Desert Isle Keeper
There can be no doubt that Lisa Jewell is one of the brightest gems of the current thriller market. Her latest release, Watching You, continues her tradition of writing chilling, engrossing reads that will keep you up late into the night.
Joey Mullen has just arrived back in England with a new husband in tow. This was meant to be her moment, that pivotal time when she went from young woman to fully functional adult, but it hasn’t turned out that way. Instead, she’s living in a room in her brother’s house, working a cruddy job at a child’s play center, and her only confidante is her dead mother, whose grave she visits on a regular basis. As if all that wasn’t bad enough, she – a newlywed- has developed an obsessive crush on her married neighbor, Tom Fitzwilliam.
Tom Fitzwilliam is a national superman – a headmaster who is called in to fix failing schools and who always, always succeeds in doing just that. Having been all over the country with his wife and young son in tow, he is now living in the posh neighborhood of Melville Heights. It’s a quiet kind of place, occupied by doctors and lawyers and old-money academics. But something began stirring when Tom moved into the area and people who used to smile at each other in the streets are now watching their neighbors with guarded eyes, suspicious of all they see. All they see except for Tom, that is. Tom is universally loved by all.
Well, almost all. Jenna Tripp, a student from his school who lives in Tom’s neighborhood, sees things about him she doesn’t like. Things like Tom’s interest in her clearly underage best friend Bess. And then there’s Tom’s son, Freddy, who sees the odd happenings in his parent’s marriage and is reaching the age where he is beginning to understand that something very, very strange is going on in their home. He isn’t sure what it is but the pieces he’s put together involve an odd encounter on a long-ago vacation and a young girl who knew his dad many years ago when he was an English teacher.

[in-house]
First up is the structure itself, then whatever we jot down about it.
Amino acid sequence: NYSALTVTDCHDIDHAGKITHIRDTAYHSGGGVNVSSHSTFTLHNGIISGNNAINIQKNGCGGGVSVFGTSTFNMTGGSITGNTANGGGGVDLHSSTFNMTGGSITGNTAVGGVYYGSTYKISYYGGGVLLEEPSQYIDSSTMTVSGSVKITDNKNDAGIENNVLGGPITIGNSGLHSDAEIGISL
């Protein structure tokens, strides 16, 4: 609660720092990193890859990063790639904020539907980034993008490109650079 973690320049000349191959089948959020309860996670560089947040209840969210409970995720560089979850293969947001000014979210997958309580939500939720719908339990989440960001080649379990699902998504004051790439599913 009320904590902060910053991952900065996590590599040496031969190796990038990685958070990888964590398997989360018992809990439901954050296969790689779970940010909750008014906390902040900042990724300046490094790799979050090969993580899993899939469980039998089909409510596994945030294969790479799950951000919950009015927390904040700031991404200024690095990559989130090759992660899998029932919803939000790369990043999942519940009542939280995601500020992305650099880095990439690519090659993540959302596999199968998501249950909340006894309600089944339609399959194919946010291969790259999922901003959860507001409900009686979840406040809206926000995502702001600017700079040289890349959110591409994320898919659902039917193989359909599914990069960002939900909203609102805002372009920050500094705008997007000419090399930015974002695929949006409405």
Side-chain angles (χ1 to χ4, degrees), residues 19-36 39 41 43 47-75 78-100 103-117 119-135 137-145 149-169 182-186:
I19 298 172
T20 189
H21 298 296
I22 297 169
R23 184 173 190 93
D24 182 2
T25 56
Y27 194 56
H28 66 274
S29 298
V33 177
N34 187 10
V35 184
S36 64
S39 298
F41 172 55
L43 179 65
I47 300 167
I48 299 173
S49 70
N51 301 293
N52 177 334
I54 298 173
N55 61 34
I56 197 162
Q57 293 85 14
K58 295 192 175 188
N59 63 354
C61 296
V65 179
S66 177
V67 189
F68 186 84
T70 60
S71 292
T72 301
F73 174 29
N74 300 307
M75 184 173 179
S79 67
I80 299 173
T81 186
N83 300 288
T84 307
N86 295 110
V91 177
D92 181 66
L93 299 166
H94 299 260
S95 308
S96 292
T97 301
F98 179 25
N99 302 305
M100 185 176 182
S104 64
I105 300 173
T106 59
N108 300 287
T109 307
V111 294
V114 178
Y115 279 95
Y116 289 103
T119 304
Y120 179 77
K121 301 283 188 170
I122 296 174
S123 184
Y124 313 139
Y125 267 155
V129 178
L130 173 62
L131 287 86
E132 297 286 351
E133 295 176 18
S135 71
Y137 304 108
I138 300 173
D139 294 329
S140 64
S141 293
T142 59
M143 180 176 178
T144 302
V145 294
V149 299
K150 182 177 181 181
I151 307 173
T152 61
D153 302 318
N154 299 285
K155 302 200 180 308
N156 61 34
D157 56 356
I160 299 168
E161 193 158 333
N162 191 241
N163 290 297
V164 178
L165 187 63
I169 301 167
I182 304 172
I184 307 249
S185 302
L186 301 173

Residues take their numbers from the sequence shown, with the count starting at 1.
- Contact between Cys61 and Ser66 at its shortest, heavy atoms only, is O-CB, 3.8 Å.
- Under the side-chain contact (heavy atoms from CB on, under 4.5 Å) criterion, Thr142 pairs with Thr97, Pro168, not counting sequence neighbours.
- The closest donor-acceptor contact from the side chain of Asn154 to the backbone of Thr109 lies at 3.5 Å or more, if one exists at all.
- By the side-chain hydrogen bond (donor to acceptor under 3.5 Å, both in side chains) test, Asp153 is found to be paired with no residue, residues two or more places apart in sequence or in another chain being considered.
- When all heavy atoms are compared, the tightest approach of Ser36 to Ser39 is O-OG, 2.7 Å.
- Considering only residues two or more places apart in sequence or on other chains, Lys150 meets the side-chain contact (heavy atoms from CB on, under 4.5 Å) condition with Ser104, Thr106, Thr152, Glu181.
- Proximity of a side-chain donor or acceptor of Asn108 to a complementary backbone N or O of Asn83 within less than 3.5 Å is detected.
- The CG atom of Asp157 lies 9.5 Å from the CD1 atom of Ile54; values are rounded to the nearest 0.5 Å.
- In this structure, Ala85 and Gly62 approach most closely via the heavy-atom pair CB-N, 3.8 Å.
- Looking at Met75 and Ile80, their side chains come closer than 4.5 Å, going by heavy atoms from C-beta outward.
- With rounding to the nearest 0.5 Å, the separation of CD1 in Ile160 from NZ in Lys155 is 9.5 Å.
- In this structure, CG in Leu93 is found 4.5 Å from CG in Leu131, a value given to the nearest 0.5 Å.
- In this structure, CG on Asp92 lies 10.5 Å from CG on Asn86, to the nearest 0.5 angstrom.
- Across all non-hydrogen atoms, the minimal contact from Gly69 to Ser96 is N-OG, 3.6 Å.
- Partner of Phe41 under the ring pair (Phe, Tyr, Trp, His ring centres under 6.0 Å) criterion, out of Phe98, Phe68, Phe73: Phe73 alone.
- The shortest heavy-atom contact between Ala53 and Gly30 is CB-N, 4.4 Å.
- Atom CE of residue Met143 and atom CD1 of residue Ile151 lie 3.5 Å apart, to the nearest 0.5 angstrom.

Told in alternating points of view, this layered, twisty mystery is a dark look at obsession, violent personalities and how the past always catches up with us. It offers intriguing insights on sisters, besties and how we rarely know people half as well as we think we do.
The plot is simple: someone has been murdered in their kitchen. The solution is not simple – we don’t know who or by whom or why or even which kitchen. The author excels at giving us possible motives, numerous potential victims, and providing a plethora of suspects. With the exception of Joey and Jenna, the characters here are all onions. The author reveals who they are layer by layer, so that each new revelation slowly changes our impression of them. All our star players have a reason for distrusting each other, each of them has a motive for eliminating at least one other player. Each of them carries a secret and has strong reasons to keep that secret private. While Joey and Jenna remain constant, unchanging narrators, their consistency is molded by their private demons. They, too, have things to keep hidden. The only question is, how far will they go to maintain their privacy?